Capture d_écran 2018-05-24 à 4.57.59 PM Dr. Negash assigned this book in our 7000 writing class and like any flustered grad student, I decided that I’d read an article or two about it and read the real book later. The one thing that made me come back to this book outside of course my professor’s swearing by it, is the confusion that surrounds this concept of Feminism. Whether you are indifferent, repulsed or simply really wondering what these Feminists are about, it comes as no surprise to me especially because recently, I shift uncomfortably in my seat when I read posts online while feeling increasingly anxious to call myself Feminist or engage in the distracting conversation that surrounds Feminism. Reading this book has been both an enriching and tedious experience and this post’s main aim is to demystify Feminism with the help of this amazing writer, Bell Hooks, while attempting to keep readers on track and constantly reminded of the concept’s core motivations ( the elimination of sexism ) as well as the introduction of all the many fundamental and motivating factors for the naissance of this movement. (In plain language, it is a lot to take in, but while reading, keep main ideas in mind, main ideas like the fact that Feminsim isn’t anti-male therefore trends like #MenAreTrash do not equal Feminism) I will highlight the core ideas Bell Hooks presents based on the sequence they’re presented in, in addition to connecting theory with examples from society.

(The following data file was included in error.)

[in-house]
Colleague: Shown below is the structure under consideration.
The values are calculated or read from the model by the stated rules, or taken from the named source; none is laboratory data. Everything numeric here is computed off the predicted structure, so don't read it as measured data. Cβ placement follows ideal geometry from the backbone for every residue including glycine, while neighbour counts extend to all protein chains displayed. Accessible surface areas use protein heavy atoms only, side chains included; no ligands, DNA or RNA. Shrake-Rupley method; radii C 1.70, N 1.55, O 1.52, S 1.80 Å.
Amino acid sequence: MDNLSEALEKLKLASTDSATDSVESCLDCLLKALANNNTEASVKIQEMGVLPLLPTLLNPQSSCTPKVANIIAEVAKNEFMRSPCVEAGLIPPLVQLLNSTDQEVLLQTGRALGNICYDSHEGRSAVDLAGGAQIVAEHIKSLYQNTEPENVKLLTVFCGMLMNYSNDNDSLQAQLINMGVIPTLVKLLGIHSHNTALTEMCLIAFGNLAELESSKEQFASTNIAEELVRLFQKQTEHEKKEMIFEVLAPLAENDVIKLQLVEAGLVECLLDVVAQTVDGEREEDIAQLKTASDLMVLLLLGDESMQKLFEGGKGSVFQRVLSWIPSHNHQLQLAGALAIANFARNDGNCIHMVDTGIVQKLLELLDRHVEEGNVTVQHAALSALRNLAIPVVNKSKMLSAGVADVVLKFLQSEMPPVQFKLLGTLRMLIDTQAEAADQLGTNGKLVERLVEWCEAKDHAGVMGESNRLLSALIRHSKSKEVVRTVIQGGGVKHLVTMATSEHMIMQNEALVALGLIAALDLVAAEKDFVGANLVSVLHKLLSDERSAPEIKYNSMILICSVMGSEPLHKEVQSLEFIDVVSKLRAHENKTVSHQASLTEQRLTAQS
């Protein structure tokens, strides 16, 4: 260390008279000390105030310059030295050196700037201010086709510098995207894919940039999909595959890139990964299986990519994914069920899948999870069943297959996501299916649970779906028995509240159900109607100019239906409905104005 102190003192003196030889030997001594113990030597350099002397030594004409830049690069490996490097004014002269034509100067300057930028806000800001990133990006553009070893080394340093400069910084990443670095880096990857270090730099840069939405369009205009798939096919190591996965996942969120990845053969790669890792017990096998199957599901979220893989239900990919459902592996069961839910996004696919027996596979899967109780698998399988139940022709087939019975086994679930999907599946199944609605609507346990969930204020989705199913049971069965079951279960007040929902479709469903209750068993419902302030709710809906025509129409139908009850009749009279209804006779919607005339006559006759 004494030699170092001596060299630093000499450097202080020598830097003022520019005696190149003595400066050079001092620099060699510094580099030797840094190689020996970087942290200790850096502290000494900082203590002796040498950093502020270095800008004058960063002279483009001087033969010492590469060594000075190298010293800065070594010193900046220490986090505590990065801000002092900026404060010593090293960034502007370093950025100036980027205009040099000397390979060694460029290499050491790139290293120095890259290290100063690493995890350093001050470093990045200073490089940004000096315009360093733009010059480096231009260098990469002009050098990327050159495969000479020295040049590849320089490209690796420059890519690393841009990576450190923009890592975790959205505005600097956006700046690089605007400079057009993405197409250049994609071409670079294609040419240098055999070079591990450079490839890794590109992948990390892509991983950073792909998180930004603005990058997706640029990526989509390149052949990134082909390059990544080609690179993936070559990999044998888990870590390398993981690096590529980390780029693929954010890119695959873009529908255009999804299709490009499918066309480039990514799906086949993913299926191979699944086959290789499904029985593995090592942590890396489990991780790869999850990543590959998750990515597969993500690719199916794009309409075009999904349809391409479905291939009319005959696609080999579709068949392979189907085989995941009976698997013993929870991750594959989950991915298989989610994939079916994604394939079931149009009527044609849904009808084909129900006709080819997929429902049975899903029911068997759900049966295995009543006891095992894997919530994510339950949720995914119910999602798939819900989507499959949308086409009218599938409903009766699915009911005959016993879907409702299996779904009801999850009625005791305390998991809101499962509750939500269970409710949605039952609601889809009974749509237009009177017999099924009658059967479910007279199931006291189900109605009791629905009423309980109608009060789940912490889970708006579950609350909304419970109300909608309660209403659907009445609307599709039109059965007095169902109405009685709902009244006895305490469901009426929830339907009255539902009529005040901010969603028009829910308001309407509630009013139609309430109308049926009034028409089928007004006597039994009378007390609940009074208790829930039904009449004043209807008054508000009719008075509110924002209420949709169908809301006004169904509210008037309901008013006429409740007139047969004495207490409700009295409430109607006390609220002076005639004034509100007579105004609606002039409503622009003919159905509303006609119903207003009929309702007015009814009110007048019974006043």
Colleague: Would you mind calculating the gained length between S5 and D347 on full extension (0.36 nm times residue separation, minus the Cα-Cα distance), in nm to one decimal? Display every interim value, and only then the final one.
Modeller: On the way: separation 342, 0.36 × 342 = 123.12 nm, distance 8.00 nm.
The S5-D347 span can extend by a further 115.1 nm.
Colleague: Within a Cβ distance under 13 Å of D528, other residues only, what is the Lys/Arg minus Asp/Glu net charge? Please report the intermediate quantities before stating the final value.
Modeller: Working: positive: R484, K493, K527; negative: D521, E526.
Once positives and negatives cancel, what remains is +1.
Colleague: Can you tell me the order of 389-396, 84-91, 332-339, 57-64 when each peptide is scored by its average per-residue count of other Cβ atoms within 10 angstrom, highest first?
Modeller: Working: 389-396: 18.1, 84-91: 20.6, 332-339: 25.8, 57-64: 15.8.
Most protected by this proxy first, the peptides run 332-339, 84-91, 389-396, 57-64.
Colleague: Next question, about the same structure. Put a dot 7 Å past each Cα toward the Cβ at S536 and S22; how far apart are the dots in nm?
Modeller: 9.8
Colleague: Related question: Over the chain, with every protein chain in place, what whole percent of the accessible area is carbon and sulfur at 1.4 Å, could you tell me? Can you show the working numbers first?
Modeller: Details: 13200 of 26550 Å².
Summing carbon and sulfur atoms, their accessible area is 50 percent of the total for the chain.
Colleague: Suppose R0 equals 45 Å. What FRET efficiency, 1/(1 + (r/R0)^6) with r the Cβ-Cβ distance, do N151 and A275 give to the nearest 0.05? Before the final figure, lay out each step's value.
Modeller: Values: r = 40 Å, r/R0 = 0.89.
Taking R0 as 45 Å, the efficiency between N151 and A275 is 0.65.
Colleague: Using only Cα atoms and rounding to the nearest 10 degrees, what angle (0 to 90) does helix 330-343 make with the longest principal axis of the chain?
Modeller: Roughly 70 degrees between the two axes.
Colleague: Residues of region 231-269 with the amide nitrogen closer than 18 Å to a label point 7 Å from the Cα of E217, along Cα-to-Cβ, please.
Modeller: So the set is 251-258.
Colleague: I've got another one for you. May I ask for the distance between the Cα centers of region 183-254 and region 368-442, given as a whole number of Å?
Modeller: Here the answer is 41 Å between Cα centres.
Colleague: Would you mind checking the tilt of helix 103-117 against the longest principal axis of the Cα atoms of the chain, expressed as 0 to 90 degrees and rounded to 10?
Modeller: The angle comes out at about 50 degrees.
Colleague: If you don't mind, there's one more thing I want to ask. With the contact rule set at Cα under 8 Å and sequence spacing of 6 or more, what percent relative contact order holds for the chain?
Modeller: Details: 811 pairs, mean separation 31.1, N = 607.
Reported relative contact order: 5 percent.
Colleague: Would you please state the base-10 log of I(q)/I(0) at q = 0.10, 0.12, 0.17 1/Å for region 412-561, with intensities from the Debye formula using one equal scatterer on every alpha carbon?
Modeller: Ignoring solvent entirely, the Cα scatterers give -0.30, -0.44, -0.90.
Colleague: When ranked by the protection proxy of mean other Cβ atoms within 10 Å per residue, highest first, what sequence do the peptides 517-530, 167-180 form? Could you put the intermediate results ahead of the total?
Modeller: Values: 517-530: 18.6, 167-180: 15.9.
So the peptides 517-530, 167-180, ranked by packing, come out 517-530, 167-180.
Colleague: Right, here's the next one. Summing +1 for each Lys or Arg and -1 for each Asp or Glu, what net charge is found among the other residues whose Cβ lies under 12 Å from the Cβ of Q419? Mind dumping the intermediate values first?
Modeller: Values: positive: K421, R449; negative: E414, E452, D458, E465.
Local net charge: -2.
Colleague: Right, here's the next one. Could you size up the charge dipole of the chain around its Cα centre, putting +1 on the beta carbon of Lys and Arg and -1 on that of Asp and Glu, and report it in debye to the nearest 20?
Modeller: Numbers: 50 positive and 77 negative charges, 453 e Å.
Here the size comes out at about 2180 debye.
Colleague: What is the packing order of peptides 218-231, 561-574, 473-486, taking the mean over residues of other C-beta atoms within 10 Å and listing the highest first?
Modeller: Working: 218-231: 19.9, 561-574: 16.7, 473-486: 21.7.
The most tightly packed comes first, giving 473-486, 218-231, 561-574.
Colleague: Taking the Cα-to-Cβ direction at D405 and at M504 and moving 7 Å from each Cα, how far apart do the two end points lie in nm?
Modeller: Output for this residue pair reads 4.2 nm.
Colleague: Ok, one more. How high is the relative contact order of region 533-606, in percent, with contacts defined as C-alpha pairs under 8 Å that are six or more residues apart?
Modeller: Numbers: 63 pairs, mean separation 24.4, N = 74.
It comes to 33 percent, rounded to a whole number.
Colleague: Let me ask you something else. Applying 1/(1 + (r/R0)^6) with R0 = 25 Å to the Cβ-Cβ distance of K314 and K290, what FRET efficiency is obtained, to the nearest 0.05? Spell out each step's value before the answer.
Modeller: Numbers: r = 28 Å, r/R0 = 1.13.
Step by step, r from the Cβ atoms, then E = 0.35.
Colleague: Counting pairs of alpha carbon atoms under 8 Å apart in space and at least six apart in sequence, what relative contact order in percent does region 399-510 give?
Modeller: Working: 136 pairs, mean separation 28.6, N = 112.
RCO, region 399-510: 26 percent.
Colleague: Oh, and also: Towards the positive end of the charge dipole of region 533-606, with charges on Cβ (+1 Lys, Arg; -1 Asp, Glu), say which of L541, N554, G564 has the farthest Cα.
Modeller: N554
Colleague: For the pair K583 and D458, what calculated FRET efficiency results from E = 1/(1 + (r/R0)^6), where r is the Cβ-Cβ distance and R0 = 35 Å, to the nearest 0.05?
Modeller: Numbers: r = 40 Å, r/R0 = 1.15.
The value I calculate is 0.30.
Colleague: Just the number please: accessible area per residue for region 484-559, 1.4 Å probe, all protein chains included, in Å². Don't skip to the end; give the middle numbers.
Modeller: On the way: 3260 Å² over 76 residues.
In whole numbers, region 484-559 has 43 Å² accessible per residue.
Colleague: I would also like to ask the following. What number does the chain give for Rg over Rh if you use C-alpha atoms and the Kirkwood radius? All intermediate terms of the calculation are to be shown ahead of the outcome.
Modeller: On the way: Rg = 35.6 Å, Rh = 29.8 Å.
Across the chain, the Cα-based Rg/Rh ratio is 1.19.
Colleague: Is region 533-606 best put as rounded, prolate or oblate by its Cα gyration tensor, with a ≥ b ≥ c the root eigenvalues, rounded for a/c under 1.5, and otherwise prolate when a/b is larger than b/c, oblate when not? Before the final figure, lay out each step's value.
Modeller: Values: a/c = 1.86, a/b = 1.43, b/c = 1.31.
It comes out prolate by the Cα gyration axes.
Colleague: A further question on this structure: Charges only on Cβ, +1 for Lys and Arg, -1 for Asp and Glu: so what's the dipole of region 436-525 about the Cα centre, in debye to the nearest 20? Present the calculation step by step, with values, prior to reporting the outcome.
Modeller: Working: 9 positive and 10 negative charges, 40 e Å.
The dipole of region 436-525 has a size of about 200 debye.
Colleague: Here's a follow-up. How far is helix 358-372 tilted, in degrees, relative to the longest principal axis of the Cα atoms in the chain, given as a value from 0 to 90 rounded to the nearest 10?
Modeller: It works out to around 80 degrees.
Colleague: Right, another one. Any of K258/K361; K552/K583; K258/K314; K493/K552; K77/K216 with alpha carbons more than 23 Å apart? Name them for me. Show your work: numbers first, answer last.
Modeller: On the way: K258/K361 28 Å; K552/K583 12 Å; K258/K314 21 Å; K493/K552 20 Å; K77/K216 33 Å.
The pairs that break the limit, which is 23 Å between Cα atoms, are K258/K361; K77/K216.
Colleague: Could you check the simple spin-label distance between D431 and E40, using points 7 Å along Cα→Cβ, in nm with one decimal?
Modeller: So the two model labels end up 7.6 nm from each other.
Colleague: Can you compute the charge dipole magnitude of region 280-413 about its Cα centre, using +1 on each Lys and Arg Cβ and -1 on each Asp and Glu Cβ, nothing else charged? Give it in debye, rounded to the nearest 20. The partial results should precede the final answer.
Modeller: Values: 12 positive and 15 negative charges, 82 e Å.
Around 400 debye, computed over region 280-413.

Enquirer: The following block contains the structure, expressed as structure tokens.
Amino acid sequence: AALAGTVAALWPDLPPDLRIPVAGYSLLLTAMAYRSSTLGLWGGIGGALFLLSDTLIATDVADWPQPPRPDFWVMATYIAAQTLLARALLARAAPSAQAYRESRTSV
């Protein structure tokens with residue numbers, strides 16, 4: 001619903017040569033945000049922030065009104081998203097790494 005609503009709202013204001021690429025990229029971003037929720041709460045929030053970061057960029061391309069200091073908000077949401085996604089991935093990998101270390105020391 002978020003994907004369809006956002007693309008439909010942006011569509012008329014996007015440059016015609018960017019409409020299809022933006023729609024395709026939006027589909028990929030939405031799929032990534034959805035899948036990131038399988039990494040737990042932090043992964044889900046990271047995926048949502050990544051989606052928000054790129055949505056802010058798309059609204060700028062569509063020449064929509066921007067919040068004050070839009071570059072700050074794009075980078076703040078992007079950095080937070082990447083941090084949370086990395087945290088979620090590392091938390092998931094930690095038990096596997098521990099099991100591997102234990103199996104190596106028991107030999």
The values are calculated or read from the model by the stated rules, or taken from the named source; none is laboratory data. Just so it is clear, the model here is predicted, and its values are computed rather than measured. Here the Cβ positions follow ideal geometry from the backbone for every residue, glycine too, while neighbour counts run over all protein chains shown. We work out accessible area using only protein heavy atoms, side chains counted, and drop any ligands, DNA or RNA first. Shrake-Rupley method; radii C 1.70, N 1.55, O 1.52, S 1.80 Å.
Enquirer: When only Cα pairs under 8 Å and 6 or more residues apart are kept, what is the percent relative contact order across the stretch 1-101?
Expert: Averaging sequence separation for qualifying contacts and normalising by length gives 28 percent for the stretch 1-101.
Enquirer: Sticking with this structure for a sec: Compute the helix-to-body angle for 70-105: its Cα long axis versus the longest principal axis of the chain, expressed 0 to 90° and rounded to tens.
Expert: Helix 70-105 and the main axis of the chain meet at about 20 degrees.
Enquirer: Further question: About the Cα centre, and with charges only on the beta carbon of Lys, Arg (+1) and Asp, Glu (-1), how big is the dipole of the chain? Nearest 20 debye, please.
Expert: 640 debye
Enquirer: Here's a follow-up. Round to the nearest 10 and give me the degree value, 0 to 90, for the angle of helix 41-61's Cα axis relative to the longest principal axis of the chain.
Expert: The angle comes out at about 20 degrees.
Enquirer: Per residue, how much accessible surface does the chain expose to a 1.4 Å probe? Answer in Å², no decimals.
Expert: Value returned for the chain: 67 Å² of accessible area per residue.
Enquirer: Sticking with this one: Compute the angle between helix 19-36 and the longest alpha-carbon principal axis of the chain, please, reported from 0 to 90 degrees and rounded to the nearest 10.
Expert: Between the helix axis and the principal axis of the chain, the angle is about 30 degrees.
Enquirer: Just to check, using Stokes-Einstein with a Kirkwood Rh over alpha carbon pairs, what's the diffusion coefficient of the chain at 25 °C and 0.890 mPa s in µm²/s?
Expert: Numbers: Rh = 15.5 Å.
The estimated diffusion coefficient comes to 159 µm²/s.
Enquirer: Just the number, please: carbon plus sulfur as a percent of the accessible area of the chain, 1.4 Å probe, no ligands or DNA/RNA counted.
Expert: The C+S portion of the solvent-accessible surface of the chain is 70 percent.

What is the Aim of Feminism?

Feminism is a movement to end sexism, sexist exploitation and oppression ;the movement isn’t anti- male, rather it addresses sexism; which implies that all of us, male and female have been socialized to accept sexist thought and action from birth. As a consequence, females can be just as sexist as men; the patriarchy’s other synonym is institutionalized sexism;- a system that males benefit more from because of the assumption that they are superior to females and should rule over us….